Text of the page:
Error is assigned upon the court’s refusal to strike the testimony of witness Pick. On direct examination this witness testified that he lived at Glorieta; that he owned general merchandise stores at Lamy, at Glorieta and at Pecos Mines; that he handled firearms, including pistols manufactured by Harrington-Riehardson Arms Company; that he handled 32-caliber double-action revolvers of that make; that early in 1929 he ■had in stock at his Pecos Mines store revolver No. 525391 of that make, model, and caliber; that the witness’ brother had sold that revolver to one Manuel Rico, and that the pistol marked State’s Exhibit 1 (found in the pocket of the deceased) was the revolver so sold.
On cross-examination he said that he knew his brother sold it because “he told me so himself.” Counsel then moved “that the testimony of the witness be stricken from the record on the ground it is hearsay testimony solely.” After some further questions by the district attorney and some argument, counsel moved “to strike all that part of the testimony of this witness in so far as the same is hearsay testimony with reference to the sale of the pistol to Manuel Rico by the *40brother of this witness.” The court ruled: “The motion as presently made will be sustained and former motion overruled.”
On further cross-examination it developed that the witness’ knowledge that the identical pistol (State’s Exhibit 1) had been in his stock was derived from a letter from the wholesale house with which he dealt, stating that pistol No. 525391 had been sold to him. Thereupon counsel moved “that all the testimony of this witness be stricken,” specifying as grounds of the motion that it was hearsay, and secondary evidence. This objection was overruled and exception taken.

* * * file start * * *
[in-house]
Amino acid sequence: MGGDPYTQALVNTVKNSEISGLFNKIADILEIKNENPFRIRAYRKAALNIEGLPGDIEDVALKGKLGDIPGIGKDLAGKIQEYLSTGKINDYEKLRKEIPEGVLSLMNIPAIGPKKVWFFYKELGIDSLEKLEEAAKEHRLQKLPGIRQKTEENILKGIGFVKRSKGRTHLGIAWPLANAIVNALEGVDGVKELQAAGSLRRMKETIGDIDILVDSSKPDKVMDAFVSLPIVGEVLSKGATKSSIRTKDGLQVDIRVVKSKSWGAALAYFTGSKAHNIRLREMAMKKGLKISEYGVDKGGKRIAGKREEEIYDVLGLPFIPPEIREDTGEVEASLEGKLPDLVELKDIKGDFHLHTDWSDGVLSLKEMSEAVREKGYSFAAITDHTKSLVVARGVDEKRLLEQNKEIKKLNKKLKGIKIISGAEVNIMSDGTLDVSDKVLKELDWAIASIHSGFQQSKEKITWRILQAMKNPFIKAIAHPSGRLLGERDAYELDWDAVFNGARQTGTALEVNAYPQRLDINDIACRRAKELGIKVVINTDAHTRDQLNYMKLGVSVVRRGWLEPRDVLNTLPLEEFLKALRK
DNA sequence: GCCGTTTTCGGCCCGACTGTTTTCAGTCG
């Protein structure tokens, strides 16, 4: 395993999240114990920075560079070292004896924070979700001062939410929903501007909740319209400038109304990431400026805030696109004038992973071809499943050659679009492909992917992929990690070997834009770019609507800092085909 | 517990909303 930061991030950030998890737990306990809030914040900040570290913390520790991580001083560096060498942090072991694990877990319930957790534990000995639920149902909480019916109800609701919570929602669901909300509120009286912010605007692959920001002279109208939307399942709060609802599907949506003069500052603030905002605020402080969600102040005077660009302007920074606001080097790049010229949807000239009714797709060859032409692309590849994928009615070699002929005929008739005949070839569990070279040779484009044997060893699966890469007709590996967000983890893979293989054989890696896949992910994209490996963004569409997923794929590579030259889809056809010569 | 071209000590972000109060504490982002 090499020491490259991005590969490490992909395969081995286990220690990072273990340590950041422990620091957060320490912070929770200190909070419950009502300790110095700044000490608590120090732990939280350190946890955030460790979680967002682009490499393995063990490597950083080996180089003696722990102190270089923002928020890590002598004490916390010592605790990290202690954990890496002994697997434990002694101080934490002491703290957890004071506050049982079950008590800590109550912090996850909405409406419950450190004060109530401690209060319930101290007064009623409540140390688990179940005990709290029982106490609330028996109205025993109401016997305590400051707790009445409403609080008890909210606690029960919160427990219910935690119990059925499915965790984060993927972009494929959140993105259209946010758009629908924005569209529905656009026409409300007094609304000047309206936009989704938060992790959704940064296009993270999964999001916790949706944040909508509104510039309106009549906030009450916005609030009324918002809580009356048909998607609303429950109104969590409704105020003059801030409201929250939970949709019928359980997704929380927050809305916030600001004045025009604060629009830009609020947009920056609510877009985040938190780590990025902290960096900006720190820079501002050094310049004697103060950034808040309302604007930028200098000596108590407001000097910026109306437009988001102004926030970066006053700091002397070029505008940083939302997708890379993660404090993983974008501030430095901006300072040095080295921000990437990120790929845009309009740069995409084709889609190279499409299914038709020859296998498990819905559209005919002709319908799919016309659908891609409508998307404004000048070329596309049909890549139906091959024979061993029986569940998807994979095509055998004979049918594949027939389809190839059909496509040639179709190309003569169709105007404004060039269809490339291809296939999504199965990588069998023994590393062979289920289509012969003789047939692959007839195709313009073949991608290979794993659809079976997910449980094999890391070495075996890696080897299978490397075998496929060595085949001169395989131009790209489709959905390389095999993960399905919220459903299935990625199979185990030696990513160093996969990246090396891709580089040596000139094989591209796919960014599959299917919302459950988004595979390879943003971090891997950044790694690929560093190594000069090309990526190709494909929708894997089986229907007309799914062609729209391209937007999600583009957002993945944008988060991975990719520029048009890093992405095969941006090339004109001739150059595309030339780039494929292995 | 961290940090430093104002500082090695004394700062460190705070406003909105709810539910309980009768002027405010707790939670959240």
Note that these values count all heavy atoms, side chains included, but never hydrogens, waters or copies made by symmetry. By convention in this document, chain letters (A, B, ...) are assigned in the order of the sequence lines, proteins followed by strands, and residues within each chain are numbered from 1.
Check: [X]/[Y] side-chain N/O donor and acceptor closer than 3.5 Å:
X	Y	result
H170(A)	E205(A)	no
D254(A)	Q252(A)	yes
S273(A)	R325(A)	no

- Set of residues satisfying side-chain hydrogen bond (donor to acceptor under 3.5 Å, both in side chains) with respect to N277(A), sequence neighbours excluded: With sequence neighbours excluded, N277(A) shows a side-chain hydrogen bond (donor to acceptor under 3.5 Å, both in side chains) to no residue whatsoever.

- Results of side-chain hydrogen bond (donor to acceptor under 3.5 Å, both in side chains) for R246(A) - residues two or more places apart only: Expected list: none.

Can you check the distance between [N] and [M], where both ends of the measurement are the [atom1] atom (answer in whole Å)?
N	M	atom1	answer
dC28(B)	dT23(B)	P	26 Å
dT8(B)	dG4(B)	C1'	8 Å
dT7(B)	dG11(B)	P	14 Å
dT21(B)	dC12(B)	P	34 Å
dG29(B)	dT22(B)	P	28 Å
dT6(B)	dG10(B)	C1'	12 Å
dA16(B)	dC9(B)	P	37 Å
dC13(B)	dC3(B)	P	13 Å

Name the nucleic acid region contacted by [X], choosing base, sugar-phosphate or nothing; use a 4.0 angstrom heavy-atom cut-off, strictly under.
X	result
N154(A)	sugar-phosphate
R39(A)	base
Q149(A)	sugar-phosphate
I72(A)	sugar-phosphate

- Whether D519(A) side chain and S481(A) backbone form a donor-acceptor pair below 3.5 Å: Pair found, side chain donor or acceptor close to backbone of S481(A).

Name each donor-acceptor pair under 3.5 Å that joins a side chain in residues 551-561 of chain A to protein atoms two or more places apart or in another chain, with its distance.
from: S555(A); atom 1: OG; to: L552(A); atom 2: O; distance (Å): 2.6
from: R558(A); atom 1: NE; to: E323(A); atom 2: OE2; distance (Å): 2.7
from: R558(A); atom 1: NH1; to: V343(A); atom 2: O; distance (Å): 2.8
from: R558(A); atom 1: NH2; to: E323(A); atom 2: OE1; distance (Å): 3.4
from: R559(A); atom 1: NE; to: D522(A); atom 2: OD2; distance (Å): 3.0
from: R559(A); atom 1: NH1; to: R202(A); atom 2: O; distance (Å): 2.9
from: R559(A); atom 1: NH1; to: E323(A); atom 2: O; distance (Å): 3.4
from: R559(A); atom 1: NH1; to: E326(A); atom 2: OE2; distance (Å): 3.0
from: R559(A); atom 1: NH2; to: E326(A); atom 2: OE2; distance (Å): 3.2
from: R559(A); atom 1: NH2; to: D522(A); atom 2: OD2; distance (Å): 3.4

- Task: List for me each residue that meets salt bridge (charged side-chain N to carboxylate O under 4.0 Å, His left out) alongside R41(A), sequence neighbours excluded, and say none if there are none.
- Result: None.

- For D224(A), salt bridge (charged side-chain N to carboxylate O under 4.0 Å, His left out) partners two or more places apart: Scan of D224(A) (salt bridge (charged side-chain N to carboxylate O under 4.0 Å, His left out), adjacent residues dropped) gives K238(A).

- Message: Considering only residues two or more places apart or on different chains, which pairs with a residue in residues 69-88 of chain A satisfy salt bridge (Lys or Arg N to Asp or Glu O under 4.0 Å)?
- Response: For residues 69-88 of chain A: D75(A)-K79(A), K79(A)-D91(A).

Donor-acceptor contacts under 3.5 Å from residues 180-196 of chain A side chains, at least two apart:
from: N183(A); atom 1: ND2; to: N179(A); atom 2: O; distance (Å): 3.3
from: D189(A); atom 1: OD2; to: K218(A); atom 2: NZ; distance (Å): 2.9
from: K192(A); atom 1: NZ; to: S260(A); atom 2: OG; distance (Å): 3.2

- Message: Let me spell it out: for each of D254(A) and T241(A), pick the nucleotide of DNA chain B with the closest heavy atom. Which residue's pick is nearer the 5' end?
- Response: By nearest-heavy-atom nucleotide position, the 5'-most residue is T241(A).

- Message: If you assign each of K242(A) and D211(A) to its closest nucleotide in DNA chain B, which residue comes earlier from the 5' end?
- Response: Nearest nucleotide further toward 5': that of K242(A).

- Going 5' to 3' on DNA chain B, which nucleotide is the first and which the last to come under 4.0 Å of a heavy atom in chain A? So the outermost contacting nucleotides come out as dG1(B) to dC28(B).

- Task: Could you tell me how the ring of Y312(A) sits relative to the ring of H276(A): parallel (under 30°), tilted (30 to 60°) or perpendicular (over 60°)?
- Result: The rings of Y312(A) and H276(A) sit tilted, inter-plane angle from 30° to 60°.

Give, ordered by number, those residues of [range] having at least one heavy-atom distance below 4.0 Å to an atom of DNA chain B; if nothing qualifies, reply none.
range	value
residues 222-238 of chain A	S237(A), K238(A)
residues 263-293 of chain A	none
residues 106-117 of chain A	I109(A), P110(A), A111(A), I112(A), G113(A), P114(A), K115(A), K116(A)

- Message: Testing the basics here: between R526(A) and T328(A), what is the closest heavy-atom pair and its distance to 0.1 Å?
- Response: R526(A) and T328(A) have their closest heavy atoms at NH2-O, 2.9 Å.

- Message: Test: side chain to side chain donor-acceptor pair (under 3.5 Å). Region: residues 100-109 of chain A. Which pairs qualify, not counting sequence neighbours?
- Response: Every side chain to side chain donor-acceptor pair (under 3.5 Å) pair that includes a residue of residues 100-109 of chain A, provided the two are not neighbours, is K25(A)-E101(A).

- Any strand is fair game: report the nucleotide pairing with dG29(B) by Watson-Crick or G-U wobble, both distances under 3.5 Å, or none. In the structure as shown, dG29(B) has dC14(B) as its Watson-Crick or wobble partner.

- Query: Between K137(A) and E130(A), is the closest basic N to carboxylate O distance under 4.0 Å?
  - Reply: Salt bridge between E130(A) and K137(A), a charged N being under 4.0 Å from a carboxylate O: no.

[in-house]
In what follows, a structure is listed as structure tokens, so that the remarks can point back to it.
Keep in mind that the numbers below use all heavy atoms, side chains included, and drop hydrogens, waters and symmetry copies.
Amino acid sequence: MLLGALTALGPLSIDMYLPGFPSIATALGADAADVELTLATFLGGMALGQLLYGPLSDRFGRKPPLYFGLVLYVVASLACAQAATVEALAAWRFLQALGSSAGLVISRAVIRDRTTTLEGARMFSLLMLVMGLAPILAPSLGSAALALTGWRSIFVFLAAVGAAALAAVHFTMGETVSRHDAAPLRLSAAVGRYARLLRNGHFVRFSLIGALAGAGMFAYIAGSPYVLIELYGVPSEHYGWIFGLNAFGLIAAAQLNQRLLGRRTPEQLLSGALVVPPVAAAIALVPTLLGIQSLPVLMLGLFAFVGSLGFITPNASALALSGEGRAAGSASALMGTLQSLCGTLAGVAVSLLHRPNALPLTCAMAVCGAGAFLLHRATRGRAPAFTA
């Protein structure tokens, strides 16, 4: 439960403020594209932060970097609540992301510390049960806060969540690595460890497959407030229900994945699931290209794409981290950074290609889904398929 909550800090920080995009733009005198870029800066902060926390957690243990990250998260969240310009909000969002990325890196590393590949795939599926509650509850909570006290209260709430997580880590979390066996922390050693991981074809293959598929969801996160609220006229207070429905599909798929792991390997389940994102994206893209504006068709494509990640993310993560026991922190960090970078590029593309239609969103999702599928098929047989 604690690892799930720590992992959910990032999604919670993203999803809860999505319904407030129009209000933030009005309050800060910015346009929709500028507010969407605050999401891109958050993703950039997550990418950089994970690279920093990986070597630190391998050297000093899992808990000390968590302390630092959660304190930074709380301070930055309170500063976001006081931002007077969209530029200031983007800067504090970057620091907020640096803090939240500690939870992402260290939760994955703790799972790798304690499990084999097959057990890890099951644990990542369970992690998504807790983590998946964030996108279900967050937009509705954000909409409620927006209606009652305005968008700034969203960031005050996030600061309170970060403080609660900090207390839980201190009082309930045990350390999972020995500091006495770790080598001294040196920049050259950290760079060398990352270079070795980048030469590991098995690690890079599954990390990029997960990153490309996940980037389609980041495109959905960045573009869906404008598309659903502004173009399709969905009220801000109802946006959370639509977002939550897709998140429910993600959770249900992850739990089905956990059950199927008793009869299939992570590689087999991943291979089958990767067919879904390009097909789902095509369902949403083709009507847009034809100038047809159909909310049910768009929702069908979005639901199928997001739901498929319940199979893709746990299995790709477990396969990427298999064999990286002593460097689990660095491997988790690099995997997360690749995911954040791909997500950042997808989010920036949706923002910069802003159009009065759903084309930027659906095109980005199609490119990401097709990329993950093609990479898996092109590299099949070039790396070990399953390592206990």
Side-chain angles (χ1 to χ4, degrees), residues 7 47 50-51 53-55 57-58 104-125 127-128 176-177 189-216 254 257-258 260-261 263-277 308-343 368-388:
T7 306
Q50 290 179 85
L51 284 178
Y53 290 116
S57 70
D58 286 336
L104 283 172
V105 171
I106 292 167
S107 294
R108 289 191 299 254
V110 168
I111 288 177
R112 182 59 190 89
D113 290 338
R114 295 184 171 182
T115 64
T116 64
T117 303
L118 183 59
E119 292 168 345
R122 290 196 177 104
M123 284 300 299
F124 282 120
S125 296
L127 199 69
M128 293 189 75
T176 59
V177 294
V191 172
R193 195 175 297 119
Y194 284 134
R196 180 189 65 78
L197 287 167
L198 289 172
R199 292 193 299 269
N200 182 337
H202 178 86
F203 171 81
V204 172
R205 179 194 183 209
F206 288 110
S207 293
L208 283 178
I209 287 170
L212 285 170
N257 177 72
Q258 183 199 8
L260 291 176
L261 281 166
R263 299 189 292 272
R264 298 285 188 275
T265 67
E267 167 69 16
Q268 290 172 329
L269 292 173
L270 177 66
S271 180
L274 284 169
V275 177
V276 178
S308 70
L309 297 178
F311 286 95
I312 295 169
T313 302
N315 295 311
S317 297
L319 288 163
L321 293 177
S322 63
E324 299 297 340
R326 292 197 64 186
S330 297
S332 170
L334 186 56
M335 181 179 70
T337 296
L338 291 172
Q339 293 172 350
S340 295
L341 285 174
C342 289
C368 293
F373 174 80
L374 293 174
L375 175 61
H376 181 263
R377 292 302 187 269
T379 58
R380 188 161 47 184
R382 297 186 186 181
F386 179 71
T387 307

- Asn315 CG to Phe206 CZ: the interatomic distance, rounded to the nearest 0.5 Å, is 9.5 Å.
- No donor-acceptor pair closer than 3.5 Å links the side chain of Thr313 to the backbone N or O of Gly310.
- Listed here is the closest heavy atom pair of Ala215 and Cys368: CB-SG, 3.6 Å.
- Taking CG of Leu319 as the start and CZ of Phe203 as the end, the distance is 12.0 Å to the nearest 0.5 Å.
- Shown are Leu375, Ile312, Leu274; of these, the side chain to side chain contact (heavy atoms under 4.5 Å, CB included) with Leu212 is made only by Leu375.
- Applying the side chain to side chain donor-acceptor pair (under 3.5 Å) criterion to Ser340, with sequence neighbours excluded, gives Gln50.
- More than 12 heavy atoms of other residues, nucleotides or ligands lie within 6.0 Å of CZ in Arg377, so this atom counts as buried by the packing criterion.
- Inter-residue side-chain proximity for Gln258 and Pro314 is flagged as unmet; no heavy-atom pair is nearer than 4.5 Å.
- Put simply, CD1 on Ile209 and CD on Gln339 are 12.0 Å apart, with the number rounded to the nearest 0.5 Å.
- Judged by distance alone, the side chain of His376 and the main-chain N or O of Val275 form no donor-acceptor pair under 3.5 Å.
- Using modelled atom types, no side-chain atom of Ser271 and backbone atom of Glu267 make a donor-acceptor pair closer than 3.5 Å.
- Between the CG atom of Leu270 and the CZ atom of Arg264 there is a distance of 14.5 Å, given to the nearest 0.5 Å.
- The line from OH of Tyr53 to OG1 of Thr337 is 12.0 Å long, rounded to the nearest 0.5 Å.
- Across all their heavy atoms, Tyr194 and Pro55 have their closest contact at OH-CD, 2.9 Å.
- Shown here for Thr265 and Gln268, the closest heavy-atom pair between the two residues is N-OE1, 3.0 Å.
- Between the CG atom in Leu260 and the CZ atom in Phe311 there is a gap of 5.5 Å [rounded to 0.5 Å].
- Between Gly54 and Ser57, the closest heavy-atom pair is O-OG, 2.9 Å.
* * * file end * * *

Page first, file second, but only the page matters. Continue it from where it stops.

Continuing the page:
i The testimony that the witness’ brother had sold the pistol was stricken. The only hearsay testimony left in the case is of the letter received by the witness from the wholesale house, which identified by number the pistol introduced as State’s Exhibit 1 as a pistol formerly in stock at Pecos Mines. The remainder of the witness’ testimony was not subject to the objection made, and the particular evidence which was subject to the objection was not called to the court’s attention. The motion was therefore not well taken, and it was not error to overrule it. Had counsel specified the evidence objectionable as hearsay, the court would no doubt have stricken it. He had already stricken the evidence as to the sale by the brother, on its being particularly pointed out to him; at the same time overruling the general objection to all the witness’ testimony. The court might well have stricken the evidence as to the letter of his own motion. This record does not disclose whether the court overlooked that particular bit of evidence in ruling on the motion, or whether he was dealing strictly with counsel in the matter of making objections. In either case counsel is not in a position to complain.
It is contended that the court erroneously admitted the pistol as an exhibit. The contentions are that ho competent evidence had traced the pistol to the Pecos Mines store, and that the identification by the witnesses Rico and Nevarez was not positive. The statement herein made as to the testimony of thesé witnesses, in connection with what we have just said under the last point discussed, is sufficient to show that the evidence identifying the pistol and connecting it with appellant Hernandez was substantial. Though some of this evidence was incompetent, it is nevertheless in the case. The jury had the right to act upon it, and it is to be considered in determining the admissibility of the pistol as well as in determining the sufficiency of the circumstantial evidence as against appellant Hernandez. State v. Blacklock, 23 N. M. 251, 167 P. 714.
We find no merit in the contention of error in admitting the testimony that Hernandez, in apologizing for failure to pay his debt, had made the statement that he had ordered a pistol.
We find no error affecting the judgment as to appellant Hernandez. It should be affirmed. As to appellant Araiza, we conclude that the court erred in refusing to direct a verdict of acquittal. The judgment should therefore *41•be reversed as to this appellant, and the cause remanded, with a direction to discharge him. It is so ordered.
SADLER and HUDSPETH, JJ., concur.
BICKDEY, C. J., and PARKER, J., did not participate.